Guiding Businesses And Individuals Through Tax Audits
A tax audit doesn’t necessarily result in fines or criminal charges at the end of the process. While it is true that the auditor does not have your best interests at heart, they are not trying to find ways to penalize you. The job of the auditor is simply to make sure you can prove that the numbers that were submitted on your tax return are accurate. If your audit is simple and routine, an accountant may be all you need. However, if the audit is complex or if legal charges are involved, a good tax lawyer can have a significant impact on the outcome of your audit.
How Businesses And Individuals Are Chosen For Tax Audits
A small percentage of audits are chosen at random, but in general, very high income, complicated returns and small businesses are at a higher risk for audit. The IRS has a software called “Discriminant Inventory Function,” or DIF, that scores every individual and some corporate tax returns; the higher your score, the more likely you are to be audited. An audit may also be triggered due to a mismatch between numbers on your tax return and the corresponding numbers on a 1099, W-2 or other form filed with the IRS by another organization.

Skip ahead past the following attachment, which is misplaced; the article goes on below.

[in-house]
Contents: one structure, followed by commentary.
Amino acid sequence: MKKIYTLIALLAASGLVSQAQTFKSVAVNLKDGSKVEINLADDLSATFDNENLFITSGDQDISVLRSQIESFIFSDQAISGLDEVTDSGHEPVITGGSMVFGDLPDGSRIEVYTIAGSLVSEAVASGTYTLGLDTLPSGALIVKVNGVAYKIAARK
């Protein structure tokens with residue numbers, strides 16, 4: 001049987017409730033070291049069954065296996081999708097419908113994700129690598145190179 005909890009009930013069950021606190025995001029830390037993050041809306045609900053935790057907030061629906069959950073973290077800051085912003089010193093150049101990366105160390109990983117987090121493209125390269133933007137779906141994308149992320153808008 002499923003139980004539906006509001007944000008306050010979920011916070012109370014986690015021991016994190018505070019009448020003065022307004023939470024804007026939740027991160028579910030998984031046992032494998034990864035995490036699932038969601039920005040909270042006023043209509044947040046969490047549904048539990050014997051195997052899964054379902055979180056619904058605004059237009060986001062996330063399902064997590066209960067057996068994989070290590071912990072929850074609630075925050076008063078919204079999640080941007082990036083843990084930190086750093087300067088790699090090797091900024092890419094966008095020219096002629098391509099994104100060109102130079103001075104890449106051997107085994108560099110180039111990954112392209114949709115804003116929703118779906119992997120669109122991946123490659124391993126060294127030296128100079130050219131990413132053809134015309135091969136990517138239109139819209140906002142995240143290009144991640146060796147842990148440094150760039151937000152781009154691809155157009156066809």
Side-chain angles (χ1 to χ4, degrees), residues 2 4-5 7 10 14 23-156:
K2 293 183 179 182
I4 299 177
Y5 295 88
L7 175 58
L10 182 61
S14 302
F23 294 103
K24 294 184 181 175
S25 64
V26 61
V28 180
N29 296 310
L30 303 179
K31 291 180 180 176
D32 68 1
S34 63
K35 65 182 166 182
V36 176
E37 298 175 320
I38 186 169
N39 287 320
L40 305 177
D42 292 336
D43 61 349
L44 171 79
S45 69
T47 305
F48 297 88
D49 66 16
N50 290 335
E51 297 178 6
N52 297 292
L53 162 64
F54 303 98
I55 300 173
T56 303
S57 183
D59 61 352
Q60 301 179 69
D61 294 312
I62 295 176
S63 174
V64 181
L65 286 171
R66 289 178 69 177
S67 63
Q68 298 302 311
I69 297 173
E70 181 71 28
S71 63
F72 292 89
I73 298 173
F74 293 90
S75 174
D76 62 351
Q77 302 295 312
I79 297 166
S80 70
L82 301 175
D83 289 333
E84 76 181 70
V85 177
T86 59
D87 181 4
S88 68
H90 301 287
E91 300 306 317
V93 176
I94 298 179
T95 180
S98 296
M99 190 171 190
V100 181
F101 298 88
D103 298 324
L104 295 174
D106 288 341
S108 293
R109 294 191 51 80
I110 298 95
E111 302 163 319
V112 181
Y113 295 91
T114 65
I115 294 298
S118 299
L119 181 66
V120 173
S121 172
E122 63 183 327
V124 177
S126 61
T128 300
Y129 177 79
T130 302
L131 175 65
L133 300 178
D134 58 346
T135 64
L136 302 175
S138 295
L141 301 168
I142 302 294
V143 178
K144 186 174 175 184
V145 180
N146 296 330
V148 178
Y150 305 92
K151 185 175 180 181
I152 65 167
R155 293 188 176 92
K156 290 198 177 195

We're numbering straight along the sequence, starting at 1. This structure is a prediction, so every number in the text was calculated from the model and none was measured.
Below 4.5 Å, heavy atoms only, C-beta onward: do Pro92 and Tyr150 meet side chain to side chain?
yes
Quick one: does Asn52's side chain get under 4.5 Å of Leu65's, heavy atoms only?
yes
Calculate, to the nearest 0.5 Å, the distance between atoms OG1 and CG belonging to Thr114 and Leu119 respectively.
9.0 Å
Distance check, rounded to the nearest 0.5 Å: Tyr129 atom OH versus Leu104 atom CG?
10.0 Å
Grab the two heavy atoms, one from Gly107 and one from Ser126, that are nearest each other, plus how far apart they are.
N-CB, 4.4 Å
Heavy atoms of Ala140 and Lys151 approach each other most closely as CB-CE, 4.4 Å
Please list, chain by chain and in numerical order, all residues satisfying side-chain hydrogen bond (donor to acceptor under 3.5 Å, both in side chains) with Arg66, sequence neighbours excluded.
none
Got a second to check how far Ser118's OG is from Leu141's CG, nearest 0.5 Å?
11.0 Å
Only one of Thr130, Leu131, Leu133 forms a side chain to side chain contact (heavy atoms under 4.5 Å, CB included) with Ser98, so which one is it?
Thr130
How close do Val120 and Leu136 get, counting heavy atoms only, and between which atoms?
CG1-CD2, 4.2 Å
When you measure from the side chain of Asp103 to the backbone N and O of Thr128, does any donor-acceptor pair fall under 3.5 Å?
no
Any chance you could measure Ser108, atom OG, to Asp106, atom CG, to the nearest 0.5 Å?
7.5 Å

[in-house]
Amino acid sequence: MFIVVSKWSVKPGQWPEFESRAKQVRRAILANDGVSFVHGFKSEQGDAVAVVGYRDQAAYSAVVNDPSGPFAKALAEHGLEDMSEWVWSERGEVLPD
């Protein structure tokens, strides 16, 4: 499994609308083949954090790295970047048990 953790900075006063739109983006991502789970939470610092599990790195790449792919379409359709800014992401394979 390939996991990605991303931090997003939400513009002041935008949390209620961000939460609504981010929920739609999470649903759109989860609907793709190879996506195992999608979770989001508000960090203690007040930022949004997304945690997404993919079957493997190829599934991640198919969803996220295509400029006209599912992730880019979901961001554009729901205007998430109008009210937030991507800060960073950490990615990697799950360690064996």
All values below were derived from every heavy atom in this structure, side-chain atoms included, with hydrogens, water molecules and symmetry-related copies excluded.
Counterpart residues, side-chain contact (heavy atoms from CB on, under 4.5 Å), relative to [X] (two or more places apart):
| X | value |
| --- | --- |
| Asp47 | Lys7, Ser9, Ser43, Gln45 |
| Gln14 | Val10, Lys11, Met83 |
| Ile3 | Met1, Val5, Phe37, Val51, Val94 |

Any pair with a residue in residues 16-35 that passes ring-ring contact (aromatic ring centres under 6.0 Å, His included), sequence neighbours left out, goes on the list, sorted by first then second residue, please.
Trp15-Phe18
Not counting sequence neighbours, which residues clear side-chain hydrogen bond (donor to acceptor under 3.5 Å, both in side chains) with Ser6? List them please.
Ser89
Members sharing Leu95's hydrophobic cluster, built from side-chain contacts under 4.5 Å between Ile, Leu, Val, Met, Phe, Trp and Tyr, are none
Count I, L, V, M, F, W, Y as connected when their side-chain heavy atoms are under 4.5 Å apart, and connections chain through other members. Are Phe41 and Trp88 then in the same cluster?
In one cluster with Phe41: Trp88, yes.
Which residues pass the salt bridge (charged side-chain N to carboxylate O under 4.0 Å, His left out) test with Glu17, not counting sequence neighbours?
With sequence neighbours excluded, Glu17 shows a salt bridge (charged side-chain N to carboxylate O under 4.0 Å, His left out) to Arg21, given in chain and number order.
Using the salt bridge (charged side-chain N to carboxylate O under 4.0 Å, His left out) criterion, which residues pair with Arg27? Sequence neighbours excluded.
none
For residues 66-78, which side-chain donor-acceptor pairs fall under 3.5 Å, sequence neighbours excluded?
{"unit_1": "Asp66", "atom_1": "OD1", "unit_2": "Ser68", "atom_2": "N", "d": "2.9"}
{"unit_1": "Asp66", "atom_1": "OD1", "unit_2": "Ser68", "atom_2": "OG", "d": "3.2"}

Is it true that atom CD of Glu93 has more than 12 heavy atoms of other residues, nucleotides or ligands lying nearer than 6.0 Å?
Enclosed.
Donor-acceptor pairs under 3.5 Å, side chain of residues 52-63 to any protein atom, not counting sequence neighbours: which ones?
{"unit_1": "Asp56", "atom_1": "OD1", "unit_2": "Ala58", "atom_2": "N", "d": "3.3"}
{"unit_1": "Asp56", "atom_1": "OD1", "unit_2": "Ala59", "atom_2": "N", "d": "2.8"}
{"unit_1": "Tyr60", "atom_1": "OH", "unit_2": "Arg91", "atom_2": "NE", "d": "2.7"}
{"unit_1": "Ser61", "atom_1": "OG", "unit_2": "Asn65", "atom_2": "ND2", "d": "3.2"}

Types Of Tax Audits
There are four types of tax audits for businesses and individuals:
Correspondence Audit: A correspondence audit is designed to verify the details of your tax return. This is typically not very serious and usually only requires sending in documents that corroborate the information on the tax return being audited.
Office Audit: As the name implies, an office audit requires to meet with an IRS manager in person at IRS offices to process your audit. If your audit letter requires a visit to the IRS offices, we highly recommend meeting with a tax attorney first to prepare for what’s to come.
Field Audit: A field audit is very serious; the IRS will visit your home or business to conduct an audit. The IRS will likely ask to see documents and physical assets that are mentioned in your tax returns. Failure to produce these assets and documents can lead to significant penalties.
Random Audit: Unless you have committed tax fraud, random audits are not serious. An auditor will simply review your tax return to verify that the information you submitted is correct.
At Huffman, Usem, Crawford, Greenberg & Smith P.A., we have more than 40 years of experience guiding businesses and individuals through the audit process. We begin by examining your audit letter to determine what the government may be accusing you of. Our process includes a thorough review of your documents and financial records and an explanation of your obligations and risks.